Imagine if health reform stakeholders attended a Thanksgiving feast, a Norman Rockwell-like scene of commotion might ensue. At first, hospitals and doctors might argue over which game to watch on TV. Or they might jockey for who gets to sit at the head of the table.
But once everyone is calmly seated, physician and hospital leaders all might express thanks, forgetting the pandemonium that preceded.
1. Hospital leaders would go first, giving a blessing that after a year of running red ink, 80% of them this year are back in the black with margins and liquidity returning to pre-recession levels.
2. They'd bow their collective heads in appreciation that median days cash on hand nearly doubled, from 90 days in the first quarter of 2009 to 150 days for the second quarter, higher than the historic long-term average.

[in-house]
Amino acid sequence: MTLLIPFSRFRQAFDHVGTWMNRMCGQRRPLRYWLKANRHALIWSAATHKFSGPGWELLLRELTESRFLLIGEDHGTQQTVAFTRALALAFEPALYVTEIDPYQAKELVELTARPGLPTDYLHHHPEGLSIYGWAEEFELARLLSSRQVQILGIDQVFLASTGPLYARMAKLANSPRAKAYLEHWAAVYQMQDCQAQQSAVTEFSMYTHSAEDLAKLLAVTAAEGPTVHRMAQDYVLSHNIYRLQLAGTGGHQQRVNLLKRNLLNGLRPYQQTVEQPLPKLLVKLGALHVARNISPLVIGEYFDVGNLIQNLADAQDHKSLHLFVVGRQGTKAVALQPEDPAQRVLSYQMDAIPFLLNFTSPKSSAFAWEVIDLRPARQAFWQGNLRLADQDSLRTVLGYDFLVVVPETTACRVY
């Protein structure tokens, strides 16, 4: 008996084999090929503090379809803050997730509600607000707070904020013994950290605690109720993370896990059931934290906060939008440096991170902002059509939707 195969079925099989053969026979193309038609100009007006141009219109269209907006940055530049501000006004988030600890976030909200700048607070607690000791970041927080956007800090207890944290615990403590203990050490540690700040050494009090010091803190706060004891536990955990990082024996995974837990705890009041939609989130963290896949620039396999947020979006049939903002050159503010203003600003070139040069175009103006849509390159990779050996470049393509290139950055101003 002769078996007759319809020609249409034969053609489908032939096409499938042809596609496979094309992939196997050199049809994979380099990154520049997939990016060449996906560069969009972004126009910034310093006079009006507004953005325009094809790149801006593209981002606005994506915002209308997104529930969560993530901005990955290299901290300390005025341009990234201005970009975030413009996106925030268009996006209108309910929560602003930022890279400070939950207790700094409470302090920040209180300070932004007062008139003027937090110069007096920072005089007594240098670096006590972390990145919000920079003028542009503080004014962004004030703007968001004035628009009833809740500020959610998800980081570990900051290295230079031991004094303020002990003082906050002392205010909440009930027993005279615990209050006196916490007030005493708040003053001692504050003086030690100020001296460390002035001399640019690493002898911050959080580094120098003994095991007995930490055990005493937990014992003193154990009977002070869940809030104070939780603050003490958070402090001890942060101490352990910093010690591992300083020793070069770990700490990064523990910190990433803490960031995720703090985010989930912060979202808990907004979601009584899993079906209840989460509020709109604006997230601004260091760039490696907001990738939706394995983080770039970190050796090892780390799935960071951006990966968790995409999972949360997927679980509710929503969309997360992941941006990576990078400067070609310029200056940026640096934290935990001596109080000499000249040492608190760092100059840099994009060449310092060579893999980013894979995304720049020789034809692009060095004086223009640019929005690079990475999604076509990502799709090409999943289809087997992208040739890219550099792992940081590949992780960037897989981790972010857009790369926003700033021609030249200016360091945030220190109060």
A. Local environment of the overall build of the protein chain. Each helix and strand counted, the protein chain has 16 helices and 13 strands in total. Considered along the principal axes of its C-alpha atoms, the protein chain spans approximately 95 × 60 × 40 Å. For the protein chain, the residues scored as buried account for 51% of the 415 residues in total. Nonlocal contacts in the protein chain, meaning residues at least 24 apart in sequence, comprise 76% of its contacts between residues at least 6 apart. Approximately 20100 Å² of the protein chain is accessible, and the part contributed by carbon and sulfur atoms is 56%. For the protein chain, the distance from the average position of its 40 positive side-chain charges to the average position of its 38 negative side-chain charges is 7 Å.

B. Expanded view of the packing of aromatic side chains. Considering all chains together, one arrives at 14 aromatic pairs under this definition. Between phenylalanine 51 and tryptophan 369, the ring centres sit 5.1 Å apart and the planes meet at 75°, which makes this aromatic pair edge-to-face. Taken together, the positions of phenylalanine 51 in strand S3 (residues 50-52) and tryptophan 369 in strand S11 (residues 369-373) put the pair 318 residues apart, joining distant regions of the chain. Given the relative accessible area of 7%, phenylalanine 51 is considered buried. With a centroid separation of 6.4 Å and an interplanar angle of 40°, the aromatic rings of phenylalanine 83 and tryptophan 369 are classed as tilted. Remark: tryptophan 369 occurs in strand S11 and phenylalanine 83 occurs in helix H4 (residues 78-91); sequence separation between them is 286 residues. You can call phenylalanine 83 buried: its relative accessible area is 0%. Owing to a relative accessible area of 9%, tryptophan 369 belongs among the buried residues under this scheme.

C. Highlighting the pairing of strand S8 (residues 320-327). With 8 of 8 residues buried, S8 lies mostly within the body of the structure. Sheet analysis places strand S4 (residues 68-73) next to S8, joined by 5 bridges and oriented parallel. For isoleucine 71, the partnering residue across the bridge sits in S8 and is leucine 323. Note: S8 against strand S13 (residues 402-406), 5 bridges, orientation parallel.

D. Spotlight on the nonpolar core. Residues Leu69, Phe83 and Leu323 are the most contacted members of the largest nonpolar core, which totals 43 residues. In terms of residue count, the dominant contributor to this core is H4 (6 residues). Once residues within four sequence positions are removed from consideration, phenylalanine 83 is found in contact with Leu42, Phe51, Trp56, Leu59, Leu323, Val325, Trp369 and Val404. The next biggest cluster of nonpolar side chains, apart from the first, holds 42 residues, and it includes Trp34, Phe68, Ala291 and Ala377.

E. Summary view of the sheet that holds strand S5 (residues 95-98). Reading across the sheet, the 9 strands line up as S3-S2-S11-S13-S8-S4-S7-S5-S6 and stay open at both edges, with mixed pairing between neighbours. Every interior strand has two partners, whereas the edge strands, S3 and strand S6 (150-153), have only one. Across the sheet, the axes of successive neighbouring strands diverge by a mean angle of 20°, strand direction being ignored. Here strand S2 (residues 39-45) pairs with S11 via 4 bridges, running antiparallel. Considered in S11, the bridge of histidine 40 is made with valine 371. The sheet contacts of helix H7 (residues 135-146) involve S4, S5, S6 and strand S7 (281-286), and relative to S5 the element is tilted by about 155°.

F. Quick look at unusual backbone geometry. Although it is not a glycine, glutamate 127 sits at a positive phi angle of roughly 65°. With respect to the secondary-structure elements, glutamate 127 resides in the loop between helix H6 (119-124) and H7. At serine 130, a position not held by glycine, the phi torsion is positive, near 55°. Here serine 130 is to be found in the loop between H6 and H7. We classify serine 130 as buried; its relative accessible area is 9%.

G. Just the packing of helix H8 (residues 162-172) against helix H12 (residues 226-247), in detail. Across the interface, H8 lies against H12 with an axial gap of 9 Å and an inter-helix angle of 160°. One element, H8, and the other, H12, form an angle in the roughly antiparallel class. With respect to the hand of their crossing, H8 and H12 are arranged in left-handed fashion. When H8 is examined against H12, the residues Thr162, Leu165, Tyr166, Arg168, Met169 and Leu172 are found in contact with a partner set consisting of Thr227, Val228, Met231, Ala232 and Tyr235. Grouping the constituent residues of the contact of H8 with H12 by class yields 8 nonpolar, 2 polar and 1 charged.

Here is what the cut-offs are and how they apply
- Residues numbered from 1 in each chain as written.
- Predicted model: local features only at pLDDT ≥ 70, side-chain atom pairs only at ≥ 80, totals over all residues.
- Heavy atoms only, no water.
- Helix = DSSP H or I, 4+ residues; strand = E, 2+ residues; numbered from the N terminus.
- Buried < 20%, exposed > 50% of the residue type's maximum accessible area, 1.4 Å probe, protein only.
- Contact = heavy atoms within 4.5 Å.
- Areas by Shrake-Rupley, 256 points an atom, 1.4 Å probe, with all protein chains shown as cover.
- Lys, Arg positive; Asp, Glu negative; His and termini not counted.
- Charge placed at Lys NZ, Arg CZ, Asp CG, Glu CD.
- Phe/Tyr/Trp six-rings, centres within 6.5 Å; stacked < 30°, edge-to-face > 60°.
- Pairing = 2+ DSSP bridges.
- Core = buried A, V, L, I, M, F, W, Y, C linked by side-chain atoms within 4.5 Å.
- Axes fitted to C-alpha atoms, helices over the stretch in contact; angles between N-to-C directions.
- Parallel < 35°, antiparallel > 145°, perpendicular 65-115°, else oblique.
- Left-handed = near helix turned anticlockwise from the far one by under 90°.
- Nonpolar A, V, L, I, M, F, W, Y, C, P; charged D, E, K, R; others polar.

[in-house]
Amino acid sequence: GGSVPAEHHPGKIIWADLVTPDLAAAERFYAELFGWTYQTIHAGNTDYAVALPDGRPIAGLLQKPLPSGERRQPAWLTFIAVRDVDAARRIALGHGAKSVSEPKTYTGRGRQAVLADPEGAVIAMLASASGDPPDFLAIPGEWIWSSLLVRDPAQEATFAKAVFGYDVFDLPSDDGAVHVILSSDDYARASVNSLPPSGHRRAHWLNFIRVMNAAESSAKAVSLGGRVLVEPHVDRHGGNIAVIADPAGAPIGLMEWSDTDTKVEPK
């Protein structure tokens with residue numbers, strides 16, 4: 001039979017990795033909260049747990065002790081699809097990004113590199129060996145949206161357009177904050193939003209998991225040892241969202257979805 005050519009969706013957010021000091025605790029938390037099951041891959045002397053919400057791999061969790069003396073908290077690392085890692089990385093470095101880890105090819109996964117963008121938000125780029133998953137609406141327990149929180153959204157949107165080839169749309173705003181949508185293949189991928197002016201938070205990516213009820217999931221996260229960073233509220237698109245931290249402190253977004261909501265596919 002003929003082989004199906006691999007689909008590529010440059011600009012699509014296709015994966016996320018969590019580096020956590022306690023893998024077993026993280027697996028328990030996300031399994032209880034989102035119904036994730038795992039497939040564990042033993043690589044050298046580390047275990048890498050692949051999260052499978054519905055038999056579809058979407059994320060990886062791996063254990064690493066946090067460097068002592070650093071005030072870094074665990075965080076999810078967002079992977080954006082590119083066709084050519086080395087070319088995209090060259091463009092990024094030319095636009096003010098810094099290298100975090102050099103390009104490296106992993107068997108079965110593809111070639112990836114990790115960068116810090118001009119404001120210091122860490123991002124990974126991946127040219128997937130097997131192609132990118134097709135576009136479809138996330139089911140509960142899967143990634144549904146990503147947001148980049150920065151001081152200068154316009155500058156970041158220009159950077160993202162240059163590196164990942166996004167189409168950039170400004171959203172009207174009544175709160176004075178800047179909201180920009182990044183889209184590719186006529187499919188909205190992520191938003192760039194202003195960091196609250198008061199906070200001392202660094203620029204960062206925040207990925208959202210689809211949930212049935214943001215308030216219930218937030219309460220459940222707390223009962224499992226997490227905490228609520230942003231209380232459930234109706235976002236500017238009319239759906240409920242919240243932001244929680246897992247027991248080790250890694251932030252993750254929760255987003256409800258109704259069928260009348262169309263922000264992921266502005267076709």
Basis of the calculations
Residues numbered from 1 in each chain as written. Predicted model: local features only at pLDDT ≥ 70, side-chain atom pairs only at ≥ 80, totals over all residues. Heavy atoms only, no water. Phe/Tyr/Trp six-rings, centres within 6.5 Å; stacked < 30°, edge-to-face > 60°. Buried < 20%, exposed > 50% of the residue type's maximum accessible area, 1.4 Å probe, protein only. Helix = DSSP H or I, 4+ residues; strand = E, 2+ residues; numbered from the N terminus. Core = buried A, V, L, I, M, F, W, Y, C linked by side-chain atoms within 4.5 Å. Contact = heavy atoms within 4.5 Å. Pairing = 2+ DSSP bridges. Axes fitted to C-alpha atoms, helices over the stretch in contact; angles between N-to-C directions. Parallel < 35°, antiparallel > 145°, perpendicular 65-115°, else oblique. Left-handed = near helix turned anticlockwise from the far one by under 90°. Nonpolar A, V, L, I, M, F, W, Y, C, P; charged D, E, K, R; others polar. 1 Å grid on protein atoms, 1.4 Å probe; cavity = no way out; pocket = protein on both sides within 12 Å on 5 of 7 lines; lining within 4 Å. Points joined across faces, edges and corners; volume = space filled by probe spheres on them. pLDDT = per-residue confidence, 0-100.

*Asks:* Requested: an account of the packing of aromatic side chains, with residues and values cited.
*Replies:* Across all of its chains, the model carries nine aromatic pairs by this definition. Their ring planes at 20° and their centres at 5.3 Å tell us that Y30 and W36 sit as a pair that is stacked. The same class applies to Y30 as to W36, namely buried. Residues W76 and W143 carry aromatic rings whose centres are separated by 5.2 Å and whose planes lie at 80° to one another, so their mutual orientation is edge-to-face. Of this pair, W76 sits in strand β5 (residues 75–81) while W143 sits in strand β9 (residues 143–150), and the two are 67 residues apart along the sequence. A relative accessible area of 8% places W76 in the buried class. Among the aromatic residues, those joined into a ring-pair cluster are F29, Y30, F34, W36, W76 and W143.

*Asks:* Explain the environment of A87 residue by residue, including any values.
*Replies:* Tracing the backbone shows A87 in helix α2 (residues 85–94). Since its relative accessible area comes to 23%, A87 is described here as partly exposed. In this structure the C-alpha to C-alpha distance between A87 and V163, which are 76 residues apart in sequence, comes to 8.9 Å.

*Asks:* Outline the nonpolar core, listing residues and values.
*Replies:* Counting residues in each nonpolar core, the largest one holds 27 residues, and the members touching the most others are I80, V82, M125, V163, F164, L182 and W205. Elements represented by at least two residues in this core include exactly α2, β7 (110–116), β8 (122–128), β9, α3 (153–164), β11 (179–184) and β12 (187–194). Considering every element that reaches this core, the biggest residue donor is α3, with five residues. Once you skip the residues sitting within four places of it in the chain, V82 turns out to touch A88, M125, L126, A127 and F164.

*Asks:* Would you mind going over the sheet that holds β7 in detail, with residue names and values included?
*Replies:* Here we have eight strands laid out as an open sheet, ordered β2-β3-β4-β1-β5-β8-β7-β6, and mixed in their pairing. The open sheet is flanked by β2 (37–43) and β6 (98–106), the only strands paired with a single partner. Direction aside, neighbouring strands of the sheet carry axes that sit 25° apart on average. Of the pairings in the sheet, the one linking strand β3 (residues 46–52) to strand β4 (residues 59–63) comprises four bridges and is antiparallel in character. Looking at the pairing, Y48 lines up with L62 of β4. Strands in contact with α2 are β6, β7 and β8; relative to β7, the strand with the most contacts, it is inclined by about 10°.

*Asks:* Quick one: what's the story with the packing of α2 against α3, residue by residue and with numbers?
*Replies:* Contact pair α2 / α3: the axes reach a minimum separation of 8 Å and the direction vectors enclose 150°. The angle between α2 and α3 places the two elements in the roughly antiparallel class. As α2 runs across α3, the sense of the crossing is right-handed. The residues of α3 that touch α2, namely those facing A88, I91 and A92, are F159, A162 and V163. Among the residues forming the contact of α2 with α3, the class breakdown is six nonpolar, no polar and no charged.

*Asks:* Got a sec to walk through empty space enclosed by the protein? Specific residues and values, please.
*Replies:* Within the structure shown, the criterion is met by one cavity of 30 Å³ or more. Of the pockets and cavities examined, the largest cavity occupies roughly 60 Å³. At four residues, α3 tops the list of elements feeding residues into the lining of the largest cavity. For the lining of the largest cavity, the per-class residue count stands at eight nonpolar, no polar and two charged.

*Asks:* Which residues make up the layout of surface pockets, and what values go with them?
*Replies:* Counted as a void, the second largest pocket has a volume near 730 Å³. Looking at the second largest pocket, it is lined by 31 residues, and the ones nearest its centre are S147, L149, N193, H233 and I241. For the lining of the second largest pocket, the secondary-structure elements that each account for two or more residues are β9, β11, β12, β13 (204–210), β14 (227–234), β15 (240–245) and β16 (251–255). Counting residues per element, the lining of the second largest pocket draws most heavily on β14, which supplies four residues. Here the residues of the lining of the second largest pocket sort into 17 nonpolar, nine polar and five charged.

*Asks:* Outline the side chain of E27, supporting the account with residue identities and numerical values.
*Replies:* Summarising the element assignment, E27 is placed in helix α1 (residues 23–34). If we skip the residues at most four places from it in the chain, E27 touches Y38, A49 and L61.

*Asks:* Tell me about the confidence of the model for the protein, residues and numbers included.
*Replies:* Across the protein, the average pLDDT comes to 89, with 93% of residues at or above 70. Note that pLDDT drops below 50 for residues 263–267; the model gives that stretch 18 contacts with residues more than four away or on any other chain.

3. As they took second helpings of cranberry sauce and stuffing, they'd remark how nice it is that a significant chunk of their investment portfolio had returned and that inpatient volume has started to go back up.
4. And after the wine was poured, they'd raise a toast in appreciation that the dreaded predictions of a much more serious season of catastrophic influenza—seasonal or H1N1—has yet to impact their facilities. At the table's other end, physician groups would say a prayer giving thanks for many blessings as well.
5. For starters, doctors would bow their heads that Congress is working to prevent the dreaded sustainable growth rate from taking effect, thus barring a 21% scheduled cut in physician pay and repealing a flawed Medicare payment formula, and also for removing drugs from the pool, that makes that repeal less costly.